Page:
“In the Middle East and North Africa, place matters for prosperity. Governments in the region have tried many ways to respond to the needs of people in lagging areas – much money has been spent on investment in these places,” said Sameh Wahba, World Bank Global Director for Urban, Disaster Risk Management, Resilience, and Land.  “To add jobs in poorer areas, policymakers have tried to insert new production facilities into these areas. To meet the need for decent homes and amenities in poor urban neighborhoods, money has been poured into massive housing projects.”

“However,” stressed Wahba, “spatial disparities continue to grow, or are closing more slowly than would be expected given the volume of investment directed to these locations. The main reason: the causes of spatial exclusion are not locational and physical but are economic and institutional.”  

Why is MENA so economically fragmented? The report identifies the following reasons:

Challenging business environments – most lagging areas in MENA have not been able to fully leverage their assets and abilities because the business environment and infrastructure in their cities and towns makes it hard for new firms to start and grow. One reason is that outside the capital city in MENA countries, smaller cities invariably lack the authority to raise their own revenues and to manage local service provision.

Lack of mobility – most residents in lagging areas are “stuck in place,” unable to take full advantage of jobs that more vibrant urban economies offer. Credentialist education systems may be most to blame for making people immobile.

Barriers to trade – MENA’s governments have created formidable obstacles to trade and migration. The main barriers are limits on news and information and practical constraints on travel and trade. For example, visa difficulties, weak infrastructure, and logistics hurdles.

“The Middle East and North Africa is suffering from spatially divergent development. The uprisings of the Arab Spring in part reflected grievances of citizens who were – or were perceived to have been – left behind, particularly by accidents of where they were born,” says Somik Lall, World Bank Global Lead on Territorial Development Solutions, Lead Economist for Sustainable Development in Middle East and North Africa, and co-author of the report.  “Although the trajectory of every nation in the region varies, one stated objective is clear for them all: improve outcomes for people in areas that have been left behind.”

Convergence addresses the economic and institutional causes of these spatial disparities and focuses on five actions that can put countries in the MENA region on a path to territorial convergence:

Strengthen coordination and complementarities across initiatives. Development strategies are more likely to succeed if they are multidimensional, including access to energy, transport, land, and markets—in the same place, whether sequentially or concurrently. A good place to start is by anchoring investments in and around cites.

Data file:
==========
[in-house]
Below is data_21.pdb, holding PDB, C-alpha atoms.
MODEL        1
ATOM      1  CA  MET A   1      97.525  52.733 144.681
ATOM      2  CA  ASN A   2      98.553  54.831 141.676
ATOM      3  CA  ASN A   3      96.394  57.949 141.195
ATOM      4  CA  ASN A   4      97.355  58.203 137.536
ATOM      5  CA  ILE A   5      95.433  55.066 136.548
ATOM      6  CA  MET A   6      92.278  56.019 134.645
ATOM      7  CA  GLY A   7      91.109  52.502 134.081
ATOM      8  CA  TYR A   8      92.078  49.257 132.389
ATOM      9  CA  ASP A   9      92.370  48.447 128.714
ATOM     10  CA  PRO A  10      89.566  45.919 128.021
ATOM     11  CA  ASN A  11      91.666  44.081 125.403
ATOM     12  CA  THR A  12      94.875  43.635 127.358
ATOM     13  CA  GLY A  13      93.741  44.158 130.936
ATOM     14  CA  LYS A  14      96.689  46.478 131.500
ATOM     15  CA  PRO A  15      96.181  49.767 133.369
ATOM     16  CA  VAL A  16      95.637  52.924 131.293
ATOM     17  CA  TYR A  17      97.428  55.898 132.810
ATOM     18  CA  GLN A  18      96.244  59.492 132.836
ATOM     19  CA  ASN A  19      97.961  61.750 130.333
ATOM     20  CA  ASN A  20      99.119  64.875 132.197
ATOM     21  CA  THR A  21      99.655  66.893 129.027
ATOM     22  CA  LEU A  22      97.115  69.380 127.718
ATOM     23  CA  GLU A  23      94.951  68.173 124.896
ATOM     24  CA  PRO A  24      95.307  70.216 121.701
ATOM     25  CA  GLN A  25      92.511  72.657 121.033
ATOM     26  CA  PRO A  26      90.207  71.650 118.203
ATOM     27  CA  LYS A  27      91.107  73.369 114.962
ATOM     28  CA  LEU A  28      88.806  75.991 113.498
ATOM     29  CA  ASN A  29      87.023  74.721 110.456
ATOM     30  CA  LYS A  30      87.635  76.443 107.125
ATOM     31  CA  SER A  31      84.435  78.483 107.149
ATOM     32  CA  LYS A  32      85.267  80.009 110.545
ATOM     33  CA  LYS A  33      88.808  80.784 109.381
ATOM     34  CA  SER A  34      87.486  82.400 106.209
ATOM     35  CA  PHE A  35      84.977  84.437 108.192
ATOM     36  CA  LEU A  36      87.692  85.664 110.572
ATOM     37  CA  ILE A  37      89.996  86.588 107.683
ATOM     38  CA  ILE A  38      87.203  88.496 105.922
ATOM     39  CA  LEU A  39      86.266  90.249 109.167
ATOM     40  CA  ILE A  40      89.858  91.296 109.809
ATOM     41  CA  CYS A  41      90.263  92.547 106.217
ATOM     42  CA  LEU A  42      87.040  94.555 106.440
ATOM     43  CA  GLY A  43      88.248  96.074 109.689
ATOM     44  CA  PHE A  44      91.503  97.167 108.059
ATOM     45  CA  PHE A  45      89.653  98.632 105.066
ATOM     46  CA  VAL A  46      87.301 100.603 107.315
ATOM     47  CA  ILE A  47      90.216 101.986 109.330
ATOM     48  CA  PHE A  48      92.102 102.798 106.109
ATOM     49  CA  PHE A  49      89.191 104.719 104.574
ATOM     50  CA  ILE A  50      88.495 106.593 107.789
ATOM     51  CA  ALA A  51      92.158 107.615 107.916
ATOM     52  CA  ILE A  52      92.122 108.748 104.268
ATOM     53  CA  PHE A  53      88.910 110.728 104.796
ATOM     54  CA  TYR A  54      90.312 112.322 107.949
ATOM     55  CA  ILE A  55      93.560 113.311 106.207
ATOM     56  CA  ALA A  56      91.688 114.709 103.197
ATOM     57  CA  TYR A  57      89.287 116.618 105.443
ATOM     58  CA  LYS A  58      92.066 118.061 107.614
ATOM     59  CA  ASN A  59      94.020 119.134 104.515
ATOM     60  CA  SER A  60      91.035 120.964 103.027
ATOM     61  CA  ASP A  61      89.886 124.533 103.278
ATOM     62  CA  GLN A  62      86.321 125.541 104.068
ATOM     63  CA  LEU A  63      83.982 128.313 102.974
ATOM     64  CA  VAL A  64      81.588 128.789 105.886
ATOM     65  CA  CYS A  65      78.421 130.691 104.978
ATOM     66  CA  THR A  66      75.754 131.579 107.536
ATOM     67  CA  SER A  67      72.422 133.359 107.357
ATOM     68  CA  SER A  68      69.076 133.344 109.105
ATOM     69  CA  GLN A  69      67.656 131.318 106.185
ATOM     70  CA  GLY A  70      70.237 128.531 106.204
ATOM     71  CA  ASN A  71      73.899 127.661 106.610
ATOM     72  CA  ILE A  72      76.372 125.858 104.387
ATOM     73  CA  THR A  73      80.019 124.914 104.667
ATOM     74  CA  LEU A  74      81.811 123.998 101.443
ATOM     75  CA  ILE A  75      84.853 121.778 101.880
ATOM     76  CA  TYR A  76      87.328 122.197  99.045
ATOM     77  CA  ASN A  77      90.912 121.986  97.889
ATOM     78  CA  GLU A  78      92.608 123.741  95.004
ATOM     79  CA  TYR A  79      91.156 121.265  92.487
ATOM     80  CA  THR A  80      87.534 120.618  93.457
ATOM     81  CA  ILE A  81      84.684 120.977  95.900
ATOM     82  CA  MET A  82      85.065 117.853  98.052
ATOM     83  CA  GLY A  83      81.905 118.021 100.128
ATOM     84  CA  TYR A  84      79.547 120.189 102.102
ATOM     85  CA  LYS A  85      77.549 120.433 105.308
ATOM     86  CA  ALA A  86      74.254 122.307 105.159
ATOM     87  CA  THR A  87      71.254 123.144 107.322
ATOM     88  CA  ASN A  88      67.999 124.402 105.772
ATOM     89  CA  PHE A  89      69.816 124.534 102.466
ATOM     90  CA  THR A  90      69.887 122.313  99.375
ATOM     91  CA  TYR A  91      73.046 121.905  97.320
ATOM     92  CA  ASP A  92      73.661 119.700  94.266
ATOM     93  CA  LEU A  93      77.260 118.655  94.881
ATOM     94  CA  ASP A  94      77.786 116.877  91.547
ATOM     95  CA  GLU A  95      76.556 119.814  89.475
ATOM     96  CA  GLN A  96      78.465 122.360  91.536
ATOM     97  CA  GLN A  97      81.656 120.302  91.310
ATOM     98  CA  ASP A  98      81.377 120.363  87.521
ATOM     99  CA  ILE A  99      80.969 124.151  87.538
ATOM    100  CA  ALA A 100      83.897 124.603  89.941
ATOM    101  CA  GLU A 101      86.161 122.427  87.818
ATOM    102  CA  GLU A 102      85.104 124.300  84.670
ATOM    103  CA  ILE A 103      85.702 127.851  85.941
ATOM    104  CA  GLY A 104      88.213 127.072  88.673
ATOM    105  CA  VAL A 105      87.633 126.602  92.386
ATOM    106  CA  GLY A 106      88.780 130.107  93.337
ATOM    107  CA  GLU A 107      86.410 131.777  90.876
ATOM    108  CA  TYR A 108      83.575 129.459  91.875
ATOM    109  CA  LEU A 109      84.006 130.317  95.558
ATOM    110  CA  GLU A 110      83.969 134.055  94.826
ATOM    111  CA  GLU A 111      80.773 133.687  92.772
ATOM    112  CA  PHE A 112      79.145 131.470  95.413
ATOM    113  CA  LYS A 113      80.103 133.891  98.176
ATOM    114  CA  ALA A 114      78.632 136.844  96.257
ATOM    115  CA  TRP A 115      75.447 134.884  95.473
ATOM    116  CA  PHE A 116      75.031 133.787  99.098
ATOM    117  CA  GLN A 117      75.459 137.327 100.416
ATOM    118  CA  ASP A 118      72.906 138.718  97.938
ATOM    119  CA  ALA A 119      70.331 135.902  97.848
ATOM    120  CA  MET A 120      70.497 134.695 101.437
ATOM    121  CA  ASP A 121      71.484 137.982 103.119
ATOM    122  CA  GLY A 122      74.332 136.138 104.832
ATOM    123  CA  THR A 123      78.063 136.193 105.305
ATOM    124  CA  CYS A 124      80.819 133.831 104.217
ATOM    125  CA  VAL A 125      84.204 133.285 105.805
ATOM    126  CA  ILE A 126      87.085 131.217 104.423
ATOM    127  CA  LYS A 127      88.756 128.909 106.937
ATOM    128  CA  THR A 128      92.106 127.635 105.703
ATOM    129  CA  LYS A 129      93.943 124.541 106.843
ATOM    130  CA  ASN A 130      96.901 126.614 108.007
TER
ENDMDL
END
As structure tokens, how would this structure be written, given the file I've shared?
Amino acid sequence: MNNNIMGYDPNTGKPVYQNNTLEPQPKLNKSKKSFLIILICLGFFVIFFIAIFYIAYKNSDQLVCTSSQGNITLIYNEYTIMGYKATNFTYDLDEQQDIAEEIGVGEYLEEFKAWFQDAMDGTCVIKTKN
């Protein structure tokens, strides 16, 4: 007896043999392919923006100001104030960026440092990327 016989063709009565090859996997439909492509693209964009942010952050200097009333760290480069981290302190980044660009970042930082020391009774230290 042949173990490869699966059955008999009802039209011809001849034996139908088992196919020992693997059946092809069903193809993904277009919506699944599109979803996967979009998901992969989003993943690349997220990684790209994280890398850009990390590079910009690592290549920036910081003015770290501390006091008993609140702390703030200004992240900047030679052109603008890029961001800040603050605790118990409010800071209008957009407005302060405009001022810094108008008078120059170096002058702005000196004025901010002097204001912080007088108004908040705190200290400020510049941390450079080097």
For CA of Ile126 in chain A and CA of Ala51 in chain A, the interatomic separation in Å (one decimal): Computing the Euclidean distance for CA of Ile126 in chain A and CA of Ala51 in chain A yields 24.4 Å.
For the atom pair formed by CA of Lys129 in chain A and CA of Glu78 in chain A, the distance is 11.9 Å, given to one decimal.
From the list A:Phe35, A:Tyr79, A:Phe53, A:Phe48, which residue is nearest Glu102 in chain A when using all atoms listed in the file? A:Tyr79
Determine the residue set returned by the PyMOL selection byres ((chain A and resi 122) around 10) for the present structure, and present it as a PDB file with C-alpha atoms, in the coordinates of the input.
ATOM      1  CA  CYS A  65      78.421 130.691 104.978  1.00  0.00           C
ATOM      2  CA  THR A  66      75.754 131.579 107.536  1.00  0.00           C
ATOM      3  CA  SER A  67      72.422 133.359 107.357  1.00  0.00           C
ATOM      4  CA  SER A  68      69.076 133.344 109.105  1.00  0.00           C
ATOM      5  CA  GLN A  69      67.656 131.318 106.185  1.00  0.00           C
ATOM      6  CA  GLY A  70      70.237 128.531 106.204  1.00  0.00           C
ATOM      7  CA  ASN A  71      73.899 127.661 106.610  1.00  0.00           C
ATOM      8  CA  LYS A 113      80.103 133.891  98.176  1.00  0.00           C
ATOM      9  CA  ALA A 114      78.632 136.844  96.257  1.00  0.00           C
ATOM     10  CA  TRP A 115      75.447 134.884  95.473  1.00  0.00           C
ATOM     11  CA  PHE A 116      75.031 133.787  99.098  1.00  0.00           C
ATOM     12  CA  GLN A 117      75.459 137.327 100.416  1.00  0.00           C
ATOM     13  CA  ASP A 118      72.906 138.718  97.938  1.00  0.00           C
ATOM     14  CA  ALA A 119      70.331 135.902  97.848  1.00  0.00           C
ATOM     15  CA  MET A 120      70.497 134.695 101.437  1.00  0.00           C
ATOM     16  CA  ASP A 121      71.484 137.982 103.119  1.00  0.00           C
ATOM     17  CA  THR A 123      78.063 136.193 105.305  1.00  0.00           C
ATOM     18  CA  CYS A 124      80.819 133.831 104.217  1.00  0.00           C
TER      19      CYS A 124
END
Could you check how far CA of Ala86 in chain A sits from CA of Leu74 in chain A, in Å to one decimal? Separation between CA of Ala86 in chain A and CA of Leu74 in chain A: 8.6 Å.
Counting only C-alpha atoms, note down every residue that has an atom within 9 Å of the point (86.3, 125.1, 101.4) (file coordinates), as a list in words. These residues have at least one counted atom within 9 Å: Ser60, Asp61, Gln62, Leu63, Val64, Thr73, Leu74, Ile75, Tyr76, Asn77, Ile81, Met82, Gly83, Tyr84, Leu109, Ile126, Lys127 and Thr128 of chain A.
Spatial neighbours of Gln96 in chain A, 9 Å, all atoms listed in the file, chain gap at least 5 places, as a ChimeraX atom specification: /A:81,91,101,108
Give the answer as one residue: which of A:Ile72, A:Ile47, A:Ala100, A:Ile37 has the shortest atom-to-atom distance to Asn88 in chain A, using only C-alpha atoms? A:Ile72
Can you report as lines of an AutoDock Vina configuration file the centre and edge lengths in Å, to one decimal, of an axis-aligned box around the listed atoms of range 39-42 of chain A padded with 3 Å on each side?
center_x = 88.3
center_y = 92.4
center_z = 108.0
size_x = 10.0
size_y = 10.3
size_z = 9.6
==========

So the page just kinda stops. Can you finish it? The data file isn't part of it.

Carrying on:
Redistribute roles and responsibilities across tiers of government. Citizens in different parts of the country have varying needs, and local conditions require flexible service delivery models. Redistributing responsibilities for local revenue generation and local service provision to local governments can make them better equipped and more accountable.

Enable mobility of people between lagging and leading areas. On average, people in MENA are half as mobile domestically as people in other parts of the world. Our research shows that living standards of people moving internally to major cities can increase by an average of 37 percent in the region. Education systems across the region need to be reoriented toward marketable skills.

Build dense and connected cities. Well-functioning cities offer a wide variety of jobs – for women and men. Making land markets in cities more efficient is critical for agglomeration and specialization – two dynamics that enhance job creation and economic prosperity. Whether in larger or in smaller (secondary) cities, agglomeration and specialization require the benefits from high economic density, which concentrates economic activity geographically. For this, the fabric of cities needs to be spatially connected, dense with people, and transit-oriented—not sprawling that perpetuates the dispersion of people and jobs. Planners and regulators can attract firms to invest in cities by reducing frictions such as zoning regulations, impediments to property acquisition and new construction (costs, height limits, density limits), challenges to local business registration and licensing, limits on news and information, and obstacles to developing local business networks.

Enhance market access nationally and regionally. Historically, MENA’s cities were part of economically important global trade networks. Many of these cities persisted into modern times as large urban areas. But governments in the region have managed to shrink the networks from global to local. These networks have, at a minimum, to be expanded to national and regional dimensions. A good place to start would be to improve the links across national borders—reducing tariffs, improving logistics, and facilitating trade, and instituting migration protocols. Such efforts will grow the economies, providing much-needed resources to redistribute in areas left behind.

In fact, the publication encourages regional integration across the MENA region, contending that integration will break down the walls between countries, connect firms to larger markets, and foster ever-larger scale and agglomeration economies specializing in tradable goods and services.

Lall highlighted that, “All levels of government have roles to play – the national, the provincial, and the local.  By requiring that interventions across the board be responsive to the basic needs of all, we can bring more people in forgotten places into jobs than ever before.”